Patterson v. County of Oneida, N.Y., 375 F.3d 206, 227 (2d Cir. 2004) (citations and internal quotations omitted).

In the instant case the Court finds that Arrington's alleged conduct falls well short of establishing a hostile environment. Initially, to the extent that plaintiff is attempting to include Arrington's remark about there being many Mexicans in Texas as part of her claim, the Court finds that the comment was not even discriminatory, at all, let alone related to her gender. As for the rest of Arrington's comments, the Court will assume, for purposes of this decision only, that they were related to plaintiff's gender, though the coffee comment and Arrington's comments notifying plaintiff whenever her husband were in the store hardly appear to fit in that category. Even considering all of these comments, however, the Court finds that Arrington's conduct is neither sufficiently severe or pervasive to constitute actionable harassment.

As for the severity of the complained-of conduct, the Court believes that Arrington's comment about plaintiff's weight and his calling her a bitch were clearly offensive but not particularly severe. There were no sexual advances, instances of inappropriate touching, or threats of physical harm. There is also no indication that Arrington's comments had any impact on plaintiff's ability to perform her job. The conduct was also not sufficiently pervasive because it occurred on only a few occasions over the course of three months. Although Arrington may have been generally rude to his co-workers on a daily basis, his alleged mistreatment of plaintiff amounts to only a few isolated incidents. Having found no hostile environment, the Court need not consider whether defendant could be held liable for Arrington's conduct. Consequently, defendant is entitled to summary judgment on the hostile environment claims.

Retaliation

The Court similarly finds that defendant is entitled to summary judgment on the retaliation claim. To establish a prima facie case of retaliation under Title VII, "a plaintiff must demonstrate participation in protected activity known to the defendant, an employment action disadvantaging the person engaged in the protected activity, and a causal connection between the protected activity and the adverse employment action." Cruz v. Coach Stores, Inc., 202 F.3d 560, 566 (2d Cir. 2000) (citations and internal quotations omitted). It is well settled that "[t]he term 'protected activity' refers to action taken to protest or oppose statutorily prohibited discrimination." Id. at 566. In deciding whether a particular activity amounts to "protected activity," "the employment practices opposed by the plaintiff need not have actually amounted to a violation of Title VII. Rather, the plaintiff must have had a good faith, reasonable belief that the underlying challenged actions of the employer violated the law. McMenemy v. City of Rochester, 241 F.3d 279, 283 (2d Cir. 2001).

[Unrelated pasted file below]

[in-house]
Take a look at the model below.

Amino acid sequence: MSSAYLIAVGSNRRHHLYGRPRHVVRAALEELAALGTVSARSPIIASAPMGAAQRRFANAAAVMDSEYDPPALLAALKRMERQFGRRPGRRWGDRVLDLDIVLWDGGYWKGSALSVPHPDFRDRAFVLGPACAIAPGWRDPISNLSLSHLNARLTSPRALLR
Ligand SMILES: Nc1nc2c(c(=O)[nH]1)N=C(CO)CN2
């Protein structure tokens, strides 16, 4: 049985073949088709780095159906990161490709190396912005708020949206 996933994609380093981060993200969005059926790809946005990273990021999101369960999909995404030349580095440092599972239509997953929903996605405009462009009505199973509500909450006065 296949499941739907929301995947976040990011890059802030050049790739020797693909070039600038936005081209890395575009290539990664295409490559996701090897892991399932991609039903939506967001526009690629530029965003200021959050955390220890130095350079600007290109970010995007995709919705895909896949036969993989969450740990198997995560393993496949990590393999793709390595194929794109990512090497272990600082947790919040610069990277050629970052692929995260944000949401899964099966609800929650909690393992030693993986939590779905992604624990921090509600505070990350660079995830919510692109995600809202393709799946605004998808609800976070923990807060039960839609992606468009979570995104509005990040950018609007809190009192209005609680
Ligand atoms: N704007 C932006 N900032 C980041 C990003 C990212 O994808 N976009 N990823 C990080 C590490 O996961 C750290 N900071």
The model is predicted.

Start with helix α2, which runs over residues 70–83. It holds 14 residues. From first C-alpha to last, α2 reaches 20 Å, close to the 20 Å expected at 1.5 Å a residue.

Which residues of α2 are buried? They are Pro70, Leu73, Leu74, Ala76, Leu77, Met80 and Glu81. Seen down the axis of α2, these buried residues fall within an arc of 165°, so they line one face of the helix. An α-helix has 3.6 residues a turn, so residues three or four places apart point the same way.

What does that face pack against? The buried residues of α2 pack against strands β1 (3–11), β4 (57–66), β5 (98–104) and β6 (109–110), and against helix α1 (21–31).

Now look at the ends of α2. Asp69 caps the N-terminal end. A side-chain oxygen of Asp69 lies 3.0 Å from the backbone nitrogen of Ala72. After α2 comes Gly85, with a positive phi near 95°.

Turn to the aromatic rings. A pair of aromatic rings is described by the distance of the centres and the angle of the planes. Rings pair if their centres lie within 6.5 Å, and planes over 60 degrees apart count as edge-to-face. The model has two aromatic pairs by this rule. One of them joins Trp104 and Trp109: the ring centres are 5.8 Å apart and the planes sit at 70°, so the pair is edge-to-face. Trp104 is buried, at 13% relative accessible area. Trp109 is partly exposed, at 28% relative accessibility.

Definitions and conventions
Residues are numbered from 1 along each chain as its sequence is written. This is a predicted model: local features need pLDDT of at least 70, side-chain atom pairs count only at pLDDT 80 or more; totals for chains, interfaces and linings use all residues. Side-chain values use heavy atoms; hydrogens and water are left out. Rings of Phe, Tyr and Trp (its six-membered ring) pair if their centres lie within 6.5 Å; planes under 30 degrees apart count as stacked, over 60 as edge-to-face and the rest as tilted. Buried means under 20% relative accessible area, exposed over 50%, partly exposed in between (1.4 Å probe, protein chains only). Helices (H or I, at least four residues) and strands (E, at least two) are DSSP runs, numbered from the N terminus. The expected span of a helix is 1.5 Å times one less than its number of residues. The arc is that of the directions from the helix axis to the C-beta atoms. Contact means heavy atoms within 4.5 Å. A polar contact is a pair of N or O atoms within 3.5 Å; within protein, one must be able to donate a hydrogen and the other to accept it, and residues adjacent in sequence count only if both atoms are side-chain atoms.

To make a prima facie showing of an adverse employment action, the plaintiff must show that the employer's actions caused a materially adverse change in the terms and conditions of employment. In this regard, "a plaintiff must show that a reasonable employee would have found the challenged action materially adverse, which in this context means it well might have dissuaded a reasonable worker from making or supporting a charge of discrimination." Kessler v. Westchester County Dept. of Soc. Servs., 461 F.3d at 207 (quoting Burlington N. & Santa Fe Railway Co. v. White, ---U.S. ----, 126 S.Ct. 2405, 2415 (2006)). Moreover, "[w]hether a particular reassignment is materially adverse depends upon the circumstances of the particular case, and should be judged from the perspective of a reasonable person in the plaintiff's position, considering all the circumstances." Id. at 209.

Retaliation claims are analyzed using the three-tier burden-shifting test "set forth in McDonnell Douglas Corp. v. Green, 411 U.S. 792, 93 S.Ct. 1817, 36 L.Ed.2d 668 (1973), and its progeny." Valentine v.Standard & Poors, 50 F.Supp.2d 262, 281-82 (S.D.N.Y. 1999)(Citations and internal quotations omitted), aff'd, 205 F.3d 1327 (2d Cir. 2000); Abdu-Brisson v. Delta Air Lines, Inc., 239 F.3d 456, 466 (2d Cir. 2001), cert den. 534 U.S. 993 (2001). Under the first tier of the McDonnell Douglas test, the plaintiff must establish a prima facie case.*fn8 If the plaintiff establishes a prima facie case, the burden shifts to the employer to articulate some legitimate, nondiscriminatory reason for the employee's discharge [or other adverse employment action]. At this stage, the employer need only articulate--but need not prove-- the existence of a nondiscriminatory reason for its decision. If the defendant carries this burden of production, the presumption raised by the prima facie case is rebutted, and the factual inquiry proceeds to a new level of specificity. Once defendant meets its burden of production, the burden shifts back to plaintiff. Under the third tier of the McDonnell Douglas test, plaintiff bears the ultimate burden of proving that the reason proffered by the employer is a pretext for unlawful discrimination. In order to survive a motion for summary judgment, plaintiff must establish a genuine issue of material fact as to whether the employer's reason . . . is false and as to whether it is more likely that a discriminatory reason motivated the employer to make the adverse employment decision.